Stepping out onto the patio of my retreat house room at 5:00 AM, expecting to see, as I had the previous morning, brilliant stars above and the cavernous expanse of the ocean before me awaiting sunrise to come into view, I walked instead into a fog so thick I could not see the end of the patio ten feet in front of me. 014“Ladies and gentlemen, it’s an introspective day,” I heard the NPR guy say from more than two decades ago, and it indeed it was. For the first time I understood Moses’ experience when he went into “the thick darkness where God was.” The day was so introspective that I would not have dared to drive the two-mile long switchback road from the hermitage down to US 1 even if I wanted to. But I didn’t want to.

On the California Benedictine calendar, this day was the anniversary of the dedication of the Monterey cathedral, a place I’ve never seen and probably never will. But as we read appropriate psalms for the dedication of a building, rejoicing in the loveliness of God’s dwelling place, I returned in my imagination to Laramie.StMatthewsEpis.1925Skinner.Dunnewald01[1]St. Matthew’s Cathedral in Laramie, Wyoming, where I first experienced God as more than an idea or intellectual construct. As the lector read Peter’s call to “come to him a living stone . . . and, like living stones, let yourselves be built into a spiritual house,” I said a silent thank you for the Living Stones group at Trinity Episcopal in Providence who have taught me so much over the past three years, and with whom I had met a week earlier.

ANDR-S7F036[1]After bringing post-Vigils coffee to my room, I decided to read some more of War and Peace, where Tolstoy’s mastery placed me next to Napoleon at the Battle of Borodino. I observed as it slowly dawned on the Emperor that on this day, after years of unqualified victories, he was defeated by something that could not have been factored into his battle plans and calculations—the spirit of those willing to either defend their homeland or die trying. After then spending a few minutes with Pi PatelimagesCAXVBJ2Z floating with a four hundred fifty pound Bengal tiger on a life raft in the middle of the very ocean that lay unseen at the bottom of the steep mountain sloping down from my patio, I took stock. Without travelling more than thirty yards, I had turned back the clock more than twenty years for a visit to Milwaukee. I had visited a Pacific beach littered with elephant seals, my home town on the opposite coast, and a cathedral in a town between those coasts more than a mile above sea level. Without leaving the rocking chair in my retreat room, I had travelled back two centuries in time to the carnage of a battlefield fifty miles outside of Moscow, as well as to uncharted waters in the southwestern Pacific.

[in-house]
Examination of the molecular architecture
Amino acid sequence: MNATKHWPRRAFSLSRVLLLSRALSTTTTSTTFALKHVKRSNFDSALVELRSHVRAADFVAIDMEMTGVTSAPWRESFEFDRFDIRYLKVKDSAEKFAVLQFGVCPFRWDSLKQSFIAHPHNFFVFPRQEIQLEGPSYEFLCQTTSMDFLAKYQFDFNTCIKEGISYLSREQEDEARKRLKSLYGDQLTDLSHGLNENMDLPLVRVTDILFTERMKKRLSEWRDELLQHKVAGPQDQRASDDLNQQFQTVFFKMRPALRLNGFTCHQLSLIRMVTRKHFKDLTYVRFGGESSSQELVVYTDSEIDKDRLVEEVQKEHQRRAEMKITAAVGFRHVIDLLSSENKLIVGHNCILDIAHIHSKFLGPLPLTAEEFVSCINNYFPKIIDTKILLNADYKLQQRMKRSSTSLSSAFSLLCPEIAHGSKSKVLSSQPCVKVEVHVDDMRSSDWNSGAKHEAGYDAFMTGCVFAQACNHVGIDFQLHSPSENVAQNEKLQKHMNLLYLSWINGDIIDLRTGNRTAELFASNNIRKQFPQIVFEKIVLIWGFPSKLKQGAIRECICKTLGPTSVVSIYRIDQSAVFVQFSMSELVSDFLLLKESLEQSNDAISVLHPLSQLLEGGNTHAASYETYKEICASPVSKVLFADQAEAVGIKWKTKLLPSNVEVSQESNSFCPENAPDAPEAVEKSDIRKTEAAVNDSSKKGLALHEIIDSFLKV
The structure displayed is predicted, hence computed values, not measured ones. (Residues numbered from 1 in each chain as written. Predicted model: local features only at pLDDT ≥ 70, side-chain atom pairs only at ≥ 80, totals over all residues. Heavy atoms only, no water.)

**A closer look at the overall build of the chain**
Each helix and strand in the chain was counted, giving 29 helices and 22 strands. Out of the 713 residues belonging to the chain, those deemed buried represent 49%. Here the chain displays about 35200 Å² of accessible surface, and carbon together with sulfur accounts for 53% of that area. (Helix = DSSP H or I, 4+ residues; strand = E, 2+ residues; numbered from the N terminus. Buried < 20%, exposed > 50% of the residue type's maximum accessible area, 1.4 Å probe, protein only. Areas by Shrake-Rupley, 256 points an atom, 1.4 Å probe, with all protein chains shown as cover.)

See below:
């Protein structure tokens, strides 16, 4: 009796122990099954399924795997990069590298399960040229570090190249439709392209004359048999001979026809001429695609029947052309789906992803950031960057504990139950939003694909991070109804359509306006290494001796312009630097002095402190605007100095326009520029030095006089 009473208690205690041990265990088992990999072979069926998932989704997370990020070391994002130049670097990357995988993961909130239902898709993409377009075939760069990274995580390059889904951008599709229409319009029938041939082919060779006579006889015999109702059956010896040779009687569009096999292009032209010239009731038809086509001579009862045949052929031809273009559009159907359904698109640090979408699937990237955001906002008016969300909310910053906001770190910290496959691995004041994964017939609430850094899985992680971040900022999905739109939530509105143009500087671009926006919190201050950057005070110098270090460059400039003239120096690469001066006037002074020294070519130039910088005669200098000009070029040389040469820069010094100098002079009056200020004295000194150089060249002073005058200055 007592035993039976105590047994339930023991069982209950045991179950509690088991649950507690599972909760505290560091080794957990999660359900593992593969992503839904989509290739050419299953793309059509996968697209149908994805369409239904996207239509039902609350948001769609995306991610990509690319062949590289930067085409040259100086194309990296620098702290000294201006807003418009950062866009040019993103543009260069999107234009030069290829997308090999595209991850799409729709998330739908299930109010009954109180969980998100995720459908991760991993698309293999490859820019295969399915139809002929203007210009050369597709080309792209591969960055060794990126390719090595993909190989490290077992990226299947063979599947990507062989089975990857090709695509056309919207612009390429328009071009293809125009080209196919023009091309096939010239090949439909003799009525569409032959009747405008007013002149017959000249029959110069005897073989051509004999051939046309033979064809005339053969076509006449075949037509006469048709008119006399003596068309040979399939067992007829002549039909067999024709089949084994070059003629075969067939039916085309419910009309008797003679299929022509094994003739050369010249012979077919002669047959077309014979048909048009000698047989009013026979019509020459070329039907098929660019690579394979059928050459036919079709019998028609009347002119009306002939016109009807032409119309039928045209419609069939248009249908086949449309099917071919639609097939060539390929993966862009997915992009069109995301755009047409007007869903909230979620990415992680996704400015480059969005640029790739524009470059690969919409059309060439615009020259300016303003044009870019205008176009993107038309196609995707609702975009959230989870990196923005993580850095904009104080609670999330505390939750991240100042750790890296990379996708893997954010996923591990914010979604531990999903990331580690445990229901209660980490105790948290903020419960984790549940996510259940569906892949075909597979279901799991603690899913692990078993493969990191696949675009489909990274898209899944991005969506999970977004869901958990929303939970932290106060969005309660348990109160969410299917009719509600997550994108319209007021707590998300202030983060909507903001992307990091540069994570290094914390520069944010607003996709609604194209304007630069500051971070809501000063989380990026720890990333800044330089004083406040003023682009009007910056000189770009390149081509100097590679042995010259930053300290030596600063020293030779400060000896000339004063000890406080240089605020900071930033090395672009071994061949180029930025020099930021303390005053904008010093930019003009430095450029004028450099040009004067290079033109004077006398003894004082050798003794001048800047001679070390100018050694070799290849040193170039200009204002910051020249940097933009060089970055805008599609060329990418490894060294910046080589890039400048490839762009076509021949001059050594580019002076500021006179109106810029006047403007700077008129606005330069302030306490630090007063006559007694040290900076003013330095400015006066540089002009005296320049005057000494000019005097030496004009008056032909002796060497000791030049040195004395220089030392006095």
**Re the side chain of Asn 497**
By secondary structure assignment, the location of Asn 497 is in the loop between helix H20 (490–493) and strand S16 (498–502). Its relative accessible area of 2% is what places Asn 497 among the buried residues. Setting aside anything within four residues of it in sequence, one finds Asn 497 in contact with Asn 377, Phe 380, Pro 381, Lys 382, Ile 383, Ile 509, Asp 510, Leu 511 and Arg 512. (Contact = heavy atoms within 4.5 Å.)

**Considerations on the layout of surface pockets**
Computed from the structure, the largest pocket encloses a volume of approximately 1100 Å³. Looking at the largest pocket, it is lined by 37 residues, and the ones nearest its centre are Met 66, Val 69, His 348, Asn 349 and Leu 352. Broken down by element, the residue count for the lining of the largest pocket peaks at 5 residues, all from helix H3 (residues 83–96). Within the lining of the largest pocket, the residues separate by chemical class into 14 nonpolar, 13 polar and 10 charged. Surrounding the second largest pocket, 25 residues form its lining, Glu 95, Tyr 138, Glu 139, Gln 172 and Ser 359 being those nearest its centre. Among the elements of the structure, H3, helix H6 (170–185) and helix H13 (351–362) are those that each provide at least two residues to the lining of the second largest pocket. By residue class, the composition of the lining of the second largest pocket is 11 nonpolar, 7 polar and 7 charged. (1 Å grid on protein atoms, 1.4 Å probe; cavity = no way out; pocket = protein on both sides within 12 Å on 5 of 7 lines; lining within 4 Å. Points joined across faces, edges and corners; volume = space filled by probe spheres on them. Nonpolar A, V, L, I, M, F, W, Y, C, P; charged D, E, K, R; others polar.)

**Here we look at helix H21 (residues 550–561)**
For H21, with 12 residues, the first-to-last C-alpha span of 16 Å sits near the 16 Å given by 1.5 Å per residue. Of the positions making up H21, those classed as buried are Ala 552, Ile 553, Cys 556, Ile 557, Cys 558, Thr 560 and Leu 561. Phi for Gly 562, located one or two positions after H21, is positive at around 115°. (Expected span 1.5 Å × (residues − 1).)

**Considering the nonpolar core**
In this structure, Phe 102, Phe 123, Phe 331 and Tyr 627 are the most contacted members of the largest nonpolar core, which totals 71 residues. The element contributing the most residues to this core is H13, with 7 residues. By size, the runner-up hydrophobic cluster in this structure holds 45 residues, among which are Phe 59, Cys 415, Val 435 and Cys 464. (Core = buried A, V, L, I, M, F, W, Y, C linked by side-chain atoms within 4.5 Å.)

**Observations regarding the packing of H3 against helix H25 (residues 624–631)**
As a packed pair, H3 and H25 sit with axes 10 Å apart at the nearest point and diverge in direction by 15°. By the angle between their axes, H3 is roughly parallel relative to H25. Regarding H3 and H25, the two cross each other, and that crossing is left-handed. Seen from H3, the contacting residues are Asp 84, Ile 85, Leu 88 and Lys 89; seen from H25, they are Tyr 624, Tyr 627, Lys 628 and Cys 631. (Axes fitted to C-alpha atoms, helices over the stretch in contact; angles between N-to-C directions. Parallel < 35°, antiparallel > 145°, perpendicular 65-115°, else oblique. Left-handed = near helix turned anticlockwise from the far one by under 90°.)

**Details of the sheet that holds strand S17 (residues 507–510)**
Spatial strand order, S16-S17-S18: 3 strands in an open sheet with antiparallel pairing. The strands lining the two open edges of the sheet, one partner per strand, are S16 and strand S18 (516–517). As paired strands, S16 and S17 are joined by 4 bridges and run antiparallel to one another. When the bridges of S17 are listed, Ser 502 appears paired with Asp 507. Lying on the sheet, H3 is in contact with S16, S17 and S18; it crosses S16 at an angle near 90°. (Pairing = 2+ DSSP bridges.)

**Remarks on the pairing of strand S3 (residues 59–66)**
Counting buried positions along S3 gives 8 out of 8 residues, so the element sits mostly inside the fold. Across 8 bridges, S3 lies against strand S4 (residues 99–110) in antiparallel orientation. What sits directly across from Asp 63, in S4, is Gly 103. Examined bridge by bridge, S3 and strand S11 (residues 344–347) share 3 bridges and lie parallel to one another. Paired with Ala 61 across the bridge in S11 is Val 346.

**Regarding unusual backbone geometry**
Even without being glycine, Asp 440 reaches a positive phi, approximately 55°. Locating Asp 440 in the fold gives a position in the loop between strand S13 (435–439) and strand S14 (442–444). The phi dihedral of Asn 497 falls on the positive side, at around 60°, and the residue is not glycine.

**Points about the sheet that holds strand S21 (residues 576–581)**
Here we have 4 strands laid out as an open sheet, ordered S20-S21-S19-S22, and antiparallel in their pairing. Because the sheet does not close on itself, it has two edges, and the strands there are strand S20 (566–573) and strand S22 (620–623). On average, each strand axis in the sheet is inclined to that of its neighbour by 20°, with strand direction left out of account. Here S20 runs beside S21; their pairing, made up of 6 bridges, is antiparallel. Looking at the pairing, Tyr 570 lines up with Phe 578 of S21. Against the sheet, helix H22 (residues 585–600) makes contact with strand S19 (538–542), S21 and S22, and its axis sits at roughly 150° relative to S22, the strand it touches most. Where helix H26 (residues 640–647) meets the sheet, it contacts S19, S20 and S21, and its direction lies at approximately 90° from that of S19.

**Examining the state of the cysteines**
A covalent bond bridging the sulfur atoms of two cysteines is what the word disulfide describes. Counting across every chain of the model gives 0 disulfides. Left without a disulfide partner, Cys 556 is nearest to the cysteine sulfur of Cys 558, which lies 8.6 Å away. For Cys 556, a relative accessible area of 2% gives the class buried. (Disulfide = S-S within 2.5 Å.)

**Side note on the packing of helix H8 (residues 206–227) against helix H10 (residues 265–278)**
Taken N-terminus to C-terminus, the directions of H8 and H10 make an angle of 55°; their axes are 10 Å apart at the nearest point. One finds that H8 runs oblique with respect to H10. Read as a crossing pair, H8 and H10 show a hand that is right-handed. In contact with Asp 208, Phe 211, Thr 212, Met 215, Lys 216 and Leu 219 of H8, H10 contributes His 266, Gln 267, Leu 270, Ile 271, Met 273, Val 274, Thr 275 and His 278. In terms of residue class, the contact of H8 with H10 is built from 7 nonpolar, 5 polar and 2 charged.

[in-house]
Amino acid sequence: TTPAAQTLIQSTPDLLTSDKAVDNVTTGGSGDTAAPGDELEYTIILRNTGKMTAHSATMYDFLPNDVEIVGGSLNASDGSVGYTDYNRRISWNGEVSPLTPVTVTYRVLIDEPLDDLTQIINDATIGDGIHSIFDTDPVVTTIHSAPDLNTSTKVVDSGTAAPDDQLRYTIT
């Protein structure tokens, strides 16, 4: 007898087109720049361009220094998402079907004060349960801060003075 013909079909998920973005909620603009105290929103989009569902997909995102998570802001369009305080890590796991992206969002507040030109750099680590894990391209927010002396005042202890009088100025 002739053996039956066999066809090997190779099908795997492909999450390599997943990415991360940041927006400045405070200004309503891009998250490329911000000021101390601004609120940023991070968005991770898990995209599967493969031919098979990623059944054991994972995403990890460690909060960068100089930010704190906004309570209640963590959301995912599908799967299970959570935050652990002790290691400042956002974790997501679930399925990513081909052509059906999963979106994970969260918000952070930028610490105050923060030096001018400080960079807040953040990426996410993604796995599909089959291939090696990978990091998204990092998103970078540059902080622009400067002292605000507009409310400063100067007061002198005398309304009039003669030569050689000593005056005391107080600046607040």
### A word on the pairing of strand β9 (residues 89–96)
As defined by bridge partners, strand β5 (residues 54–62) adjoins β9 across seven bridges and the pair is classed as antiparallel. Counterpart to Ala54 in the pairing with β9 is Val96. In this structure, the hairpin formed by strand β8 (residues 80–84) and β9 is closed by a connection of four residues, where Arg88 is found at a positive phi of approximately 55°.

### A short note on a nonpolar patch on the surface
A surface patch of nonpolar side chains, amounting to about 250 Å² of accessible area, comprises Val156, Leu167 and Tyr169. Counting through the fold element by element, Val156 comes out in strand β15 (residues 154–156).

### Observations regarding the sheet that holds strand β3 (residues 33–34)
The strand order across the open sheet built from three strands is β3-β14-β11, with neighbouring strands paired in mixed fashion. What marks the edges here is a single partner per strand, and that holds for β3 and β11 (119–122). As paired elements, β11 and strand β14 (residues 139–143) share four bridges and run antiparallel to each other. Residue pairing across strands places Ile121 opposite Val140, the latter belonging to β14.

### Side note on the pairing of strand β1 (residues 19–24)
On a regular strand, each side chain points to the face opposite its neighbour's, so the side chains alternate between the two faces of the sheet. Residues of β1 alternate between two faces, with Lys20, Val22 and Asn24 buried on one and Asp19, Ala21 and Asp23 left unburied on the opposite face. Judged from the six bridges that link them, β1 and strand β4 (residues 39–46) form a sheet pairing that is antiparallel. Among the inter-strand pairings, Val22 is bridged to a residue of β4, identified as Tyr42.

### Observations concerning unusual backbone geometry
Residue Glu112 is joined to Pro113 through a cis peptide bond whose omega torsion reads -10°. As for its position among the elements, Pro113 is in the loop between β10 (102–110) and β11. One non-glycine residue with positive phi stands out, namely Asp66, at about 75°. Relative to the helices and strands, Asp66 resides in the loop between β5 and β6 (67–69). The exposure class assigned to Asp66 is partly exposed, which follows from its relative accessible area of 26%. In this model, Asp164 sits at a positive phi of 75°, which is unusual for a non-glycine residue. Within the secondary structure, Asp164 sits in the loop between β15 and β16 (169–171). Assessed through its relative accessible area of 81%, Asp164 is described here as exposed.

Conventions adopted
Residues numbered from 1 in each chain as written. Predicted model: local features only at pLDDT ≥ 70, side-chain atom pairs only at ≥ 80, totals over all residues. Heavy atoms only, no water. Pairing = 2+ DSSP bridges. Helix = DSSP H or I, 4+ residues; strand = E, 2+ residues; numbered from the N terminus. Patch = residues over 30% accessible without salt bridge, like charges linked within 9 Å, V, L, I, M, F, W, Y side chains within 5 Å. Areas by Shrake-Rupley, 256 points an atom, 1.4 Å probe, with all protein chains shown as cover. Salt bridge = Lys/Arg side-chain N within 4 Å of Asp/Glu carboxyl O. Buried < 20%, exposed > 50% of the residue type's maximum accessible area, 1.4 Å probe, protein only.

Someone once said that the whole universe is contained in a drop of water. And at 10:15 AM as I finish this essay on this introspective day, I am reminded that within this drop of water, at the center of my inner world, is the source of it all. I need go no further than that inner world to resonate with the cosmic, concluding doxology of Psalm 96, this morning’s final psalm.